Paulownia Tree | ID: Paulownia-3-110616
Paulownia is a genus of 6 to 17 species (depending on taxonomic authority) of flowering plants in the family Paulowniaceae, related to and sometimes included in the Scrophulariaceae.
They are present in much of China, south to northern Laos and Vietnam and are long cultivated elsewhere in eastern Asia, notably in Japan and Korea. They are deciduous trees 12–15 m (39–49 ft) tall, with large, heart-shaped leaves 15–40 cm across, arranged in opposite pairs on the stem. The flowers are produced in early spring on panicles 10–30 cm long, with a tubular purple corolla resembling a foxglove flower. The fruit is a dry capsule, containing thousands of minute seeds.
Paulownia fortunei flowers and bark The genus, originally Pavlovnia but now usually spelled Paulownia, was named in honor of Anna Paulowna, queen consort of The Netherlands (1795–1865), daughter of Tsar Paul I of Russia. It is also called "princess tree" for the same reason.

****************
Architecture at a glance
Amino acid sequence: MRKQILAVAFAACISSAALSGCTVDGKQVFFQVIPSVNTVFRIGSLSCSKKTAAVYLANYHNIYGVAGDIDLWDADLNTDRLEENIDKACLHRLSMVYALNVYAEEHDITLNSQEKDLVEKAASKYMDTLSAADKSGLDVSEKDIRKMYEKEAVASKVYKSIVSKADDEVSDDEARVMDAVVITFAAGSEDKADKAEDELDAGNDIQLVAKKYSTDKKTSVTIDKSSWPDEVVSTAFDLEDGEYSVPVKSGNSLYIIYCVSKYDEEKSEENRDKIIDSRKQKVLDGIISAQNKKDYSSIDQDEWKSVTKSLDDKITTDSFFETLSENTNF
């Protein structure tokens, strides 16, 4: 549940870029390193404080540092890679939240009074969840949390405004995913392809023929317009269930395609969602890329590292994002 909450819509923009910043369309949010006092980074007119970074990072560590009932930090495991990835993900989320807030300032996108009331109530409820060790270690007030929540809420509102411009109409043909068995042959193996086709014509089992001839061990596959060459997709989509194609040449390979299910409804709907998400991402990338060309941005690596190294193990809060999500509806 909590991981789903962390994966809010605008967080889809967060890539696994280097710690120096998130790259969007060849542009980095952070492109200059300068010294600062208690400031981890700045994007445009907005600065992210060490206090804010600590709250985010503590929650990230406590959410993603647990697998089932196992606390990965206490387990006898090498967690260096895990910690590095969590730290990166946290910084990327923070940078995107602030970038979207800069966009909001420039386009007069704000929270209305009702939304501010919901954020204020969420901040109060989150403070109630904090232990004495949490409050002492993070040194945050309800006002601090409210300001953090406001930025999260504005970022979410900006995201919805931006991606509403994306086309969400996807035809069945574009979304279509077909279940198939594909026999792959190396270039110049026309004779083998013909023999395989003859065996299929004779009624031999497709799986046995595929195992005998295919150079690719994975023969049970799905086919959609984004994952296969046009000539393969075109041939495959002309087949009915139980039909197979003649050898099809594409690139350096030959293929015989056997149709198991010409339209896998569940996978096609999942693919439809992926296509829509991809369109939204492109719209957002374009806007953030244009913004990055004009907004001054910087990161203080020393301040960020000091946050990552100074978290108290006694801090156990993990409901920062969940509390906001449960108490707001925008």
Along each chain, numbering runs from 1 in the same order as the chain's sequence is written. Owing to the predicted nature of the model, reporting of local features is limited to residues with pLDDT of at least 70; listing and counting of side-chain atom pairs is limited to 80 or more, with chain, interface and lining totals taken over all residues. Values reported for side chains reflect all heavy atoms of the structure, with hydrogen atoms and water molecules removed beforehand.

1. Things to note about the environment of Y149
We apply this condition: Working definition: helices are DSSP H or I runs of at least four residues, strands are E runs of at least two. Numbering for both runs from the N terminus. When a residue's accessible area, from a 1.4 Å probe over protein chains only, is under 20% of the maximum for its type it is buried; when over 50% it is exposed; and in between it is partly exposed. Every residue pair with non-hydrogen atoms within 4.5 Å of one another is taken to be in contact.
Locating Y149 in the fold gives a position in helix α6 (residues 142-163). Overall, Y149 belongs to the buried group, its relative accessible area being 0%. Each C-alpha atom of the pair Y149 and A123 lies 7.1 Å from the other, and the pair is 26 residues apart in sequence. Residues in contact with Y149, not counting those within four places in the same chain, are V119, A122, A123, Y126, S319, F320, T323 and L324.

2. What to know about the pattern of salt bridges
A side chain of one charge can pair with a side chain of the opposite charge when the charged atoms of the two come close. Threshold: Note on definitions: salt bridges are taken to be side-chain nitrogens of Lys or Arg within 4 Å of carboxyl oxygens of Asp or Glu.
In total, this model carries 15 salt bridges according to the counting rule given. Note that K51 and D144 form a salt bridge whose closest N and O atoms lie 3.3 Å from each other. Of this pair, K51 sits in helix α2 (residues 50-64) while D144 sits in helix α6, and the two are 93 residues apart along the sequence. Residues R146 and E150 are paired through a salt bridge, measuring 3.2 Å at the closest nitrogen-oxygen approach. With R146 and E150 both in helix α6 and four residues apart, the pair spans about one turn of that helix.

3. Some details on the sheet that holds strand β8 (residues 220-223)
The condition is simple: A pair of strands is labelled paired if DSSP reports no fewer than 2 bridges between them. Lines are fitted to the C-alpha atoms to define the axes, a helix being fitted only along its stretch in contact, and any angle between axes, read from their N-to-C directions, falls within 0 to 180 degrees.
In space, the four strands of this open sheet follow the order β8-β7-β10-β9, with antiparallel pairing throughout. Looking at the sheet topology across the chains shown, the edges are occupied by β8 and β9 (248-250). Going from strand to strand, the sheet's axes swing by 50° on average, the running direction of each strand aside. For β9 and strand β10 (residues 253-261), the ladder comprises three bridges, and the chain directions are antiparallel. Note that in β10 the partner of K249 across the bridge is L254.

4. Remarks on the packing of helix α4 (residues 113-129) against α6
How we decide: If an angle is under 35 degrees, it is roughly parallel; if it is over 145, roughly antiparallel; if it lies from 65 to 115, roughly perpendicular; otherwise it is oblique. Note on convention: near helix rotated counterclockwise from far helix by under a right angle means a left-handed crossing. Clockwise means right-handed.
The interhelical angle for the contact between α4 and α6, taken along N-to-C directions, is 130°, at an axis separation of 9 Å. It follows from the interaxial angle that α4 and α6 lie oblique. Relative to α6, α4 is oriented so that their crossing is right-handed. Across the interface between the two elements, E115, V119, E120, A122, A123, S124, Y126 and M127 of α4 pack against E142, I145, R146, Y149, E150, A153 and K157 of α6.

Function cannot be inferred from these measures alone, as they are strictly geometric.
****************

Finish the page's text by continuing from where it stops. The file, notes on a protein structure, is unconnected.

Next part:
Paulownia is known to be an early colonizer of sterile soils (such as after a high temperature wildfire), because its seeds are easily killed off by soil fungi. In fact, it is so difficult to start Paulownia by seed that successful plantations purchase rootstock or seedlings—or propagate their own. Remarkably, despite the fact that seeds, seedlings, and roots of even mature trees are so susceptible to rot, the wood itself is not and is widely adored for boat building and surfboards.